Unlike most beers that are fermented in sterile tanks with carefully selected strains of yeast engineered in a laboratory, Priest’s are left in his coolships overnight where wild yeasts and microbes in the air can enter the brew. The average brewer tries to prevent natural microbes from taking residence in their beer to avoid unpredictable flavors. Priest, on the other hand, embraces the “wildness” that is integral to lambics.
“It is not at all hard to ferment beer spontaneously,” says Priest. “What is difficult is completely ceding control to nature, which these beers require of you immediately. In turn, nature rewards you for trusting in its own process, on its own timeline. It seems to be a more philosophical brewing method than most.”
Mother Nature is indeed on her own timeline when it comes to the fermentation process. Once Priest transfers the wort to aged oak barrels to spontaneously ferment, they take anywhere between four months and four years to mature.
“I let the beer tell us when its ready to be enjoyed,” says the ever-patient Priest. “It’s consistently slower than one would hope, but I’m committed to its autonomy.”
There are some lambic-style beers that ease the waiting process. Priest explains that Jung, which is German for young, is served intentionally prematurely at months old to highlight the early developing complexities in the beer’s adolescence.
The aging process of lambic beer is similar to that of wine – and in some ways, so is the taste. Although all the beer produced at The Referend falls under the category of sour beer, Priest likens the taste to a dry wine, champagne, or cider. Others describe the flavor as earthy, hay-like, or leathery. There’s no debating that lambics have an impactful taste, even Priest had to ease-into the old-world beer.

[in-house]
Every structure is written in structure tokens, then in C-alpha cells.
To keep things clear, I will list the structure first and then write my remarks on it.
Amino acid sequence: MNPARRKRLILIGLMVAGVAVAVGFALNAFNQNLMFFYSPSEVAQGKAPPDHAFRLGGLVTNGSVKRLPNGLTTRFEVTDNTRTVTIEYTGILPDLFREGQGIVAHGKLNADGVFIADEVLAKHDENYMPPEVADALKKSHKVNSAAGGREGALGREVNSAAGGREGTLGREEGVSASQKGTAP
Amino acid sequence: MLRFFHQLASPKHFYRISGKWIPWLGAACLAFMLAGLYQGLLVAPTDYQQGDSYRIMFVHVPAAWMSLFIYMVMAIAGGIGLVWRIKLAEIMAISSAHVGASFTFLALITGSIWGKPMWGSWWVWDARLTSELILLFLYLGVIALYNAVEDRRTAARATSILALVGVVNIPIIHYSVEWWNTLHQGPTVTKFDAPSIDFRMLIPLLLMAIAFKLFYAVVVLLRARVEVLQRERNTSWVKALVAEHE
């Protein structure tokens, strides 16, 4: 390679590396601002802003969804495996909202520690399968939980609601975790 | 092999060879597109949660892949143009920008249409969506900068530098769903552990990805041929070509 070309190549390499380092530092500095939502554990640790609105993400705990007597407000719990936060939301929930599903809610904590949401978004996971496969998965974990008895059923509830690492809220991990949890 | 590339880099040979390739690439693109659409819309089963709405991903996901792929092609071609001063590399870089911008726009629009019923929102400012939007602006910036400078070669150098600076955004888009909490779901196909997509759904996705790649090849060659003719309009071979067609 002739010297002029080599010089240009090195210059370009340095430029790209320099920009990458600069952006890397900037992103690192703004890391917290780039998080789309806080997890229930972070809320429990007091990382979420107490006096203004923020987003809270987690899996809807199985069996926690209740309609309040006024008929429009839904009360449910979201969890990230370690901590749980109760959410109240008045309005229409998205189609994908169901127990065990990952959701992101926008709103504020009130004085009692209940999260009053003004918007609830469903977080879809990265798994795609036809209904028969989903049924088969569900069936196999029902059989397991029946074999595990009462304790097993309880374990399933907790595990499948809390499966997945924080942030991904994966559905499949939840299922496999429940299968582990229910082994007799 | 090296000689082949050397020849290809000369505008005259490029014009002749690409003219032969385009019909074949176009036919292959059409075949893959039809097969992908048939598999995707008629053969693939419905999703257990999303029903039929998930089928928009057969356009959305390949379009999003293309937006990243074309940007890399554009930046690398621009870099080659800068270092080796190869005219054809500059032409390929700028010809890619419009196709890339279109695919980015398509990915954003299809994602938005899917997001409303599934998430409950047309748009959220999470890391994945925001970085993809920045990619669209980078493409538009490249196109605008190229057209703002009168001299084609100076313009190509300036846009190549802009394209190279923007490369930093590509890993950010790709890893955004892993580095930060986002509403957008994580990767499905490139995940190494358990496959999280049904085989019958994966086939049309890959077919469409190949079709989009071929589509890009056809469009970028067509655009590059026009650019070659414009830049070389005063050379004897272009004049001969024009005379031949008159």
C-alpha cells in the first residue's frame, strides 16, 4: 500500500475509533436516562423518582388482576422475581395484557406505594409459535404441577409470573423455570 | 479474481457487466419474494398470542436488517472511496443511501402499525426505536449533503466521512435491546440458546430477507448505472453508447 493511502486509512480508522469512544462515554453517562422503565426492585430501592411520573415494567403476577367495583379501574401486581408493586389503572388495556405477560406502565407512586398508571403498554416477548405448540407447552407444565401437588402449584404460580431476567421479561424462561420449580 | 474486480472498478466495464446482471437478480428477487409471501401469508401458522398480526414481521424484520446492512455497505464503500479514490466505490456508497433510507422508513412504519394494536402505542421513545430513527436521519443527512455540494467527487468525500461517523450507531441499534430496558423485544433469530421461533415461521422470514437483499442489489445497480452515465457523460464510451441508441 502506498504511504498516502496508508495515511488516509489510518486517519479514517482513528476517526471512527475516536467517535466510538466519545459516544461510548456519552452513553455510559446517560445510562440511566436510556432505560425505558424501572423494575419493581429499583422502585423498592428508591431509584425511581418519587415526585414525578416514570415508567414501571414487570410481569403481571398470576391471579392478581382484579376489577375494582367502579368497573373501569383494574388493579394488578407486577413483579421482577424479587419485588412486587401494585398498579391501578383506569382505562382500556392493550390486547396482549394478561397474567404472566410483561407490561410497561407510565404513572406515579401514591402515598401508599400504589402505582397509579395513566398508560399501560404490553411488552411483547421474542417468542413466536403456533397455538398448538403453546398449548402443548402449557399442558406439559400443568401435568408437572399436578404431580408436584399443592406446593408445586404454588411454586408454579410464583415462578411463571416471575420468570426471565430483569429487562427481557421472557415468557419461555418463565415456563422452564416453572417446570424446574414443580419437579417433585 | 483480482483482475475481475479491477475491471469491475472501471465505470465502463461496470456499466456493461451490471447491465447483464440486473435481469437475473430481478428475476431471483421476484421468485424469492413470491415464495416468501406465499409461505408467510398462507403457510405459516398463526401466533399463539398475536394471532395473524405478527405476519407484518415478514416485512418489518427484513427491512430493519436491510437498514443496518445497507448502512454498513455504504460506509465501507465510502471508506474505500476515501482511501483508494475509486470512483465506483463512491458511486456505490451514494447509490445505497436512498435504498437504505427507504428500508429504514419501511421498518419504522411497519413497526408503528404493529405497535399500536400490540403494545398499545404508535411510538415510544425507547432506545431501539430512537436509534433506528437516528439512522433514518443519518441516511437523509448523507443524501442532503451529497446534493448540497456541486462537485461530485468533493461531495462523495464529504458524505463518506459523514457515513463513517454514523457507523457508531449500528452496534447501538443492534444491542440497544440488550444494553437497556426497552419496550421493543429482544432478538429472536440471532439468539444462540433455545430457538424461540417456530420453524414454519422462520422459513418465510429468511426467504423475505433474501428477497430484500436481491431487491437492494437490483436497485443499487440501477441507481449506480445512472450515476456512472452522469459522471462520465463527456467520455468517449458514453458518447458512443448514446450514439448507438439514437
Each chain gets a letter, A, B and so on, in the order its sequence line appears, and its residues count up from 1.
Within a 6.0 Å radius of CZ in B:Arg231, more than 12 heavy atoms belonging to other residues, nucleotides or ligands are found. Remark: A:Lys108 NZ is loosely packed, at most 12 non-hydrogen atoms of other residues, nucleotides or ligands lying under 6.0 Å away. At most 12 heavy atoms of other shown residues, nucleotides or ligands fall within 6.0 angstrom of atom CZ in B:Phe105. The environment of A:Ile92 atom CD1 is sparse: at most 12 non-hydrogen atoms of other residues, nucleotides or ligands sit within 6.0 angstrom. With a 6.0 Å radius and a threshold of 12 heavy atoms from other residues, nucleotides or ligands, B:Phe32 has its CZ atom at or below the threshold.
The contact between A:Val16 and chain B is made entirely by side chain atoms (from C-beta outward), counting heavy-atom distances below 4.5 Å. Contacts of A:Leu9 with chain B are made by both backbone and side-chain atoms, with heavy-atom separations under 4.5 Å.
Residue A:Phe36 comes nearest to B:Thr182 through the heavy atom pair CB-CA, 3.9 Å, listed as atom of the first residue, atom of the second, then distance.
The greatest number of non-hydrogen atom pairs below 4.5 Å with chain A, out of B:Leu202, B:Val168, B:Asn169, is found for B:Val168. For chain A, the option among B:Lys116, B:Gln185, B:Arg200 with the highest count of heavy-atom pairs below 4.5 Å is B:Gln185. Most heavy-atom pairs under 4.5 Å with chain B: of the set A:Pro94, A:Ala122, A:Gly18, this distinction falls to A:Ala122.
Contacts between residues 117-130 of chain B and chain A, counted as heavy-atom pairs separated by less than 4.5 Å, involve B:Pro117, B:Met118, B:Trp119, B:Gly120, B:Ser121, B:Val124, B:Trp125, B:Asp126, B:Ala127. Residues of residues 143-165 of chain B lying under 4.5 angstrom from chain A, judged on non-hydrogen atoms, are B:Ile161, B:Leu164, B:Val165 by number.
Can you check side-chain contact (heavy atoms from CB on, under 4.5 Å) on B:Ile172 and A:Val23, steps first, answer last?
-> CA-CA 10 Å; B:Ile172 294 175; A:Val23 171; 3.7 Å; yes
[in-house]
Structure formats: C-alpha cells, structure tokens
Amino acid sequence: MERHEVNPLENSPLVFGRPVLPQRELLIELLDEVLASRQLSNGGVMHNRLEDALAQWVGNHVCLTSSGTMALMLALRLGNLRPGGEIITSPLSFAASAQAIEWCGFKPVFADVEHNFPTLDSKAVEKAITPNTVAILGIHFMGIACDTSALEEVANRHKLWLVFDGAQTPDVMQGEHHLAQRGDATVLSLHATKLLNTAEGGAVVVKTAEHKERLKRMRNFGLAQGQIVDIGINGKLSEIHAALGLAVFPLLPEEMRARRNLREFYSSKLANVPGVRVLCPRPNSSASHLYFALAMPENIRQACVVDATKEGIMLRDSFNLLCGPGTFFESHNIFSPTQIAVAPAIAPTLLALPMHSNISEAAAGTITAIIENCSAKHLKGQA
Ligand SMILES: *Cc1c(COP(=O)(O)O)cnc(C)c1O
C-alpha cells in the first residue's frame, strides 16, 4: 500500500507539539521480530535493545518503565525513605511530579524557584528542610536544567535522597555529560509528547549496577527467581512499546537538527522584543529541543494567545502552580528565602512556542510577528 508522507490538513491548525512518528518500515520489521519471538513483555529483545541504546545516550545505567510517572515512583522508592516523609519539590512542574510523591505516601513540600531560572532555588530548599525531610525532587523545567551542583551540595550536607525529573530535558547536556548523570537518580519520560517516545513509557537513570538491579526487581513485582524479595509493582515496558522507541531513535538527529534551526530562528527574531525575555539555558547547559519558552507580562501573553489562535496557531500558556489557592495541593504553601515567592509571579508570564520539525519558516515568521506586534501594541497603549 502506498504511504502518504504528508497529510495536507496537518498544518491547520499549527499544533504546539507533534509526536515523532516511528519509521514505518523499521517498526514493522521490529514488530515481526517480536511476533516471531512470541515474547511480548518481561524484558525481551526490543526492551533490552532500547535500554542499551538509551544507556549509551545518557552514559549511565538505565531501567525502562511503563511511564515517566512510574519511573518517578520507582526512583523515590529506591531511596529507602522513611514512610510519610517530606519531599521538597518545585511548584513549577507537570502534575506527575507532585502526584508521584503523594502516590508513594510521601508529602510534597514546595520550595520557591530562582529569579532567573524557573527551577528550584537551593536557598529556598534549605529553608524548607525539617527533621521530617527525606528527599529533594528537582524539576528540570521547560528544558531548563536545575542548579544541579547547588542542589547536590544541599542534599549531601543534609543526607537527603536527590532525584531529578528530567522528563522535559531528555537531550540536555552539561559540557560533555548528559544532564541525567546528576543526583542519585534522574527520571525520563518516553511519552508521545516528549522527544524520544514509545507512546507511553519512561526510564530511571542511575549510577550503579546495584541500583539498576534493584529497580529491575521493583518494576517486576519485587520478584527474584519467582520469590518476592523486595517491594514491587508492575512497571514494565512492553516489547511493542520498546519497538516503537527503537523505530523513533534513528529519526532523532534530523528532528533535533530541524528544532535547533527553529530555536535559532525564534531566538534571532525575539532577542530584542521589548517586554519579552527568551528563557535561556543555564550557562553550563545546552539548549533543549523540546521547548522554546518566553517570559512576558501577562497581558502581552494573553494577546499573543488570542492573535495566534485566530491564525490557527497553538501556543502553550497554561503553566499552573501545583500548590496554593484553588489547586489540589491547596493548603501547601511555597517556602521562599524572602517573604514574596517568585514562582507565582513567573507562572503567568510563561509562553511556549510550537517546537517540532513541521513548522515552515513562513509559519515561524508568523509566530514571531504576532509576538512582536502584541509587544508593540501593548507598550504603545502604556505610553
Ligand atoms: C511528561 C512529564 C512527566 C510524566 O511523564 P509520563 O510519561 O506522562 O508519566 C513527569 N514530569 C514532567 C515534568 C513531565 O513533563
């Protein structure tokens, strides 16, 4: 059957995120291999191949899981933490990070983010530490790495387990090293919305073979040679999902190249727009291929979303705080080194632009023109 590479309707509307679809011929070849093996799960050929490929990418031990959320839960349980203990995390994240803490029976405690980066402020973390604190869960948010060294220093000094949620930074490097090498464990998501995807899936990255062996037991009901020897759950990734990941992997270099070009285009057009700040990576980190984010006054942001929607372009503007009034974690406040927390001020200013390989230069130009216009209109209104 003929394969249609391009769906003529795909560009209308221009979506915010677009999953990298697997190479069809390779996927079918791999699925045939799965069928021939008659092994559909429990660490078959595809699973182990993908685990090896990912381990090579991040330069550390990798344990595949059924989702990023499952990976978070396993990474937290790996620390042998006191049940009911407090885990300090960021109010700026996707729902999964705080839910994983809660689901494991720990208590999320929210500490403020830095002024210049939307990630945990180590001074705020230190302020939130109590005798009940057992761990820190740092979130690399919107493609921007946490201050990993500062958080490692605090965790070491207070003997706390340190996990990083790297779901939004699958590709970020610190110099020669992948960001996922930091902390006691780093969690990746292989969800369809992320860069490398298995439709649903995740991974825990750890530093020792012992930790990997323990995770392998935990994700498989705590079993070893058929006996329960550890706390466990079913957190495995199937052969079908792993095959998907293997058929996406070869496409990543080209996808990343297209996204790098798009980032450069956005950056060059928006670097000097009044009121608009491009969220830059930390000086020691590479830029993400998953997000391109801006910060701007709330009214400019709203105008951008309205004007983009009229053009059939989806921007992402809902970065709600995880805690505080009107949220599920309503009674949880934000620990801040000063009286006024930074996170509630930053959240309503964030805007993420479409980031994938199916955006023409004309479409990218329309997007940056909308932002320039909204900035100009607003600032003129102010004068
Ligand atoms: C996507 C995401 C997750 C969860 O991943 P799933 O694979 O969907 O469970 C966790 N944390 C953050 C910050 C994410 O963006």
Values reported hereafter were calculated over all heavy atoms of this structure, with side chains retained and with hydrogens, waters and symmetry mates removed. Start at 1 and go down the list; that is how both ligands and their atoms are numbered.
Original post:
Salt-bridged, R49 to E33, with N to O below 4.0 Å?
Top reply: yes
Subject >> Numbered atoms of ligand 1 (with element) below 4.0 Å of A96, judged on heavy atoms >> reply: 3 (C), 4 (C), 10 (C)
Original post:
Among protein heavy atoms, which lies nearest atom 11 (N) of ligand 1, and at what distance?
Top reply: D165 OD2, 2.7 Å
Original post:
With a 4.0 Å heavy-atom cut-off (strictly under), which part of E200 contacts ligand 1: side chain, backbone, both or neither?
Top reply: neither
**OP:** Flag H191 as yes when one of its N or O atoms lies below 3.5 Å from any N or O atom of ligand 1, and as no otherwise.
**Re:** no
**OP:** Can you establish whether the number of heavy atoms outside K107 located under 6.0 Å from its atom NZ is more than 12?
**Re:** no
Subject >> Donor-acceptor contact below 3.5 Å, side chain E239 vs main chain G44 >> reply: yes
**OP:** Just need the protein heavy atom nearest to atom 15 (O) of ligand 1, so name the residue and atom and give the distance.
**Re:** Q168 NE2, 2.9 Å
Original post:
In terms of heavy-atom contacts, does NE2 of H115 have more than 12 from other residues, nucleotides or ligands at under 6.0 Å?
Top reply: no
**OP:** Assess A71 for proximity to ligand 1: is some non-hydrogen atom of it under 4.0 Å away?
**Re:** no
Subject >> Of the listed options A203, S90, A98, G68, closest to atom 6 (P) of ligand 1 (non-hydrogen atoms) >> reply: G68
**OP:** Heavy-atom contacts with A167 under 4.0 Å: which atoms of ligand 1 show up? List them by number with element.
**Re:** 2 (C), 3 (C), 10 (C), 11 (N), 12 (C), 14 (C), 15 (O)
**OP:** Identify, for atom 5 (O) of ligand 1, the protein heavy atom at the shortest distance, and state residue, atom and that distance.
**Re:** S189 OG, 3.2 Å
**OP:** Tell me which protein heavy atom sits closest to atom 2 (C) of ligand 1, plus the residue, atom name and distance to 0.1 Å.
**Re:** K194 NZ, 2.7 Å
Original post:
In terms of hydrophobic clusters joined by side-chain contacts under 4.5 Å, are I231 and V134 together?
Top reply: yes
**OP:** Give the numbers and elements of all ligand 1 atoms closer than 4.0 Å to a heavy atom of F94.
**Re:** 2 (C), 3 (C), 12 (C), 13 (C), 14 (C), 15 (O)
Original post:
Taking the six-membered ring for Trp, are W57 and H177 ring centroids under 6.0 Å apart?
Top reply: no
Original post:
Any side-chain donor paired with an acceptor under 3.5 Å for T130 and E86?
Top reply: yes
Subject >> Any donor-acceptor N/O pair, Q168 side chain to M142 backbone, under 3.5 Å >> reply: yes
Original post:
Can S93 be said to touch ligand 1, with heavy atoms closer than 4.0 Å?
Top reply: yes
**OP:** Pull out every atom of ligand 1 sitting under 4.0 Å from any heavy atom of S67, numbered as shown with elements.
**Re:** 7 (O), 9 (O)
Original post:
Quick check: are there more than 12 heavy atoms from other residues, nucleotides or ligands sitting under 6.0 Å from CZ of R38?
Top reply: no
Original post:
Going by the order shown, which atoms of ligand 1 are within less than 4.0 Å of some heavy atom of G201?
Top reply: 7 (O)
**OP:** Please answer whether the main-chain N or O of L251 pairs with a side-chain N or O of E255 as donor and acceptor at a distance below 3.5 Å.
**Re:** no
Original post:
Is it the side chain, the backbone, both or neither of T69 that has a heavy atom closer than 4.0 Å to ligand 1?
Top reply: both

“One of the earliest ones I remember having is Cantillon Gueuze, which is sort of held up as a benchmark for the lambic-style,” says Priest. “I found it slightly off-putting and couldn’t quite pick some of the associations, but I wanted to kind of delve into what else was going on there. Even when I found it, I had the desire to acquire the taste. In a matter of beers, I was legitimately enjoying them not just as an exploration.”
“Some lambics are very approachable for everyone and aren’t that much of an acquired taste,” he continues. “Other lambics certainly can be if you start getting any of the strong, funkier aromas and flavors. In that case, it can take a few times and it did for me.”
With the increasing popularity of sour beers, there’s perhaps no better time for Priest to introduce his brews to the public. The Referend’s grand opening brought tons of thirsty Hopewellians to the previous site of Pennington Athletic Club (now Pennington Ewing Athletic Center) to taste the unconventional beer. The local support is reciprocating by Priest. A Chicago-native, he’s gone full-Jersey at The Referend. His “blends” have featured “Jersey Fresh” peaches, nectarines, grapes, hops, spelt, and grain. “There’s so much in the area,” says Priest, “that it’s thankfully very easy to seek out farmers for whatever we’re looking for and drag it down to The Referend.”
You have to go to the source to try one of Priest’s lambics. The Referend’s beer isn’t sold for off-site consumption, and due to the delicate nature of certain lambics, kegging isn’t advisable. Priest has completed one round of bottling, but they most likely won’t be ready for consumption until springtime. In true lambic style, it takes many months for the beer to carbonate or re-ferment in the bottle. Luckily, you don’t have to wait long to taste some of Priest’s other creations. The Referend’s Tasting Room is open from 2 to 8 p.m. on the first and third Saturdays of each month, making the next tasting January 21, followed by February 4. If you plan on stopping by, you mine as well make it a beer tour. The Blendery is merely two miles away from River Horse Brewing Company in Ewing and eight miles from Troon Brewing in Pennington. Now that’s the way to start the weekend. Cheers!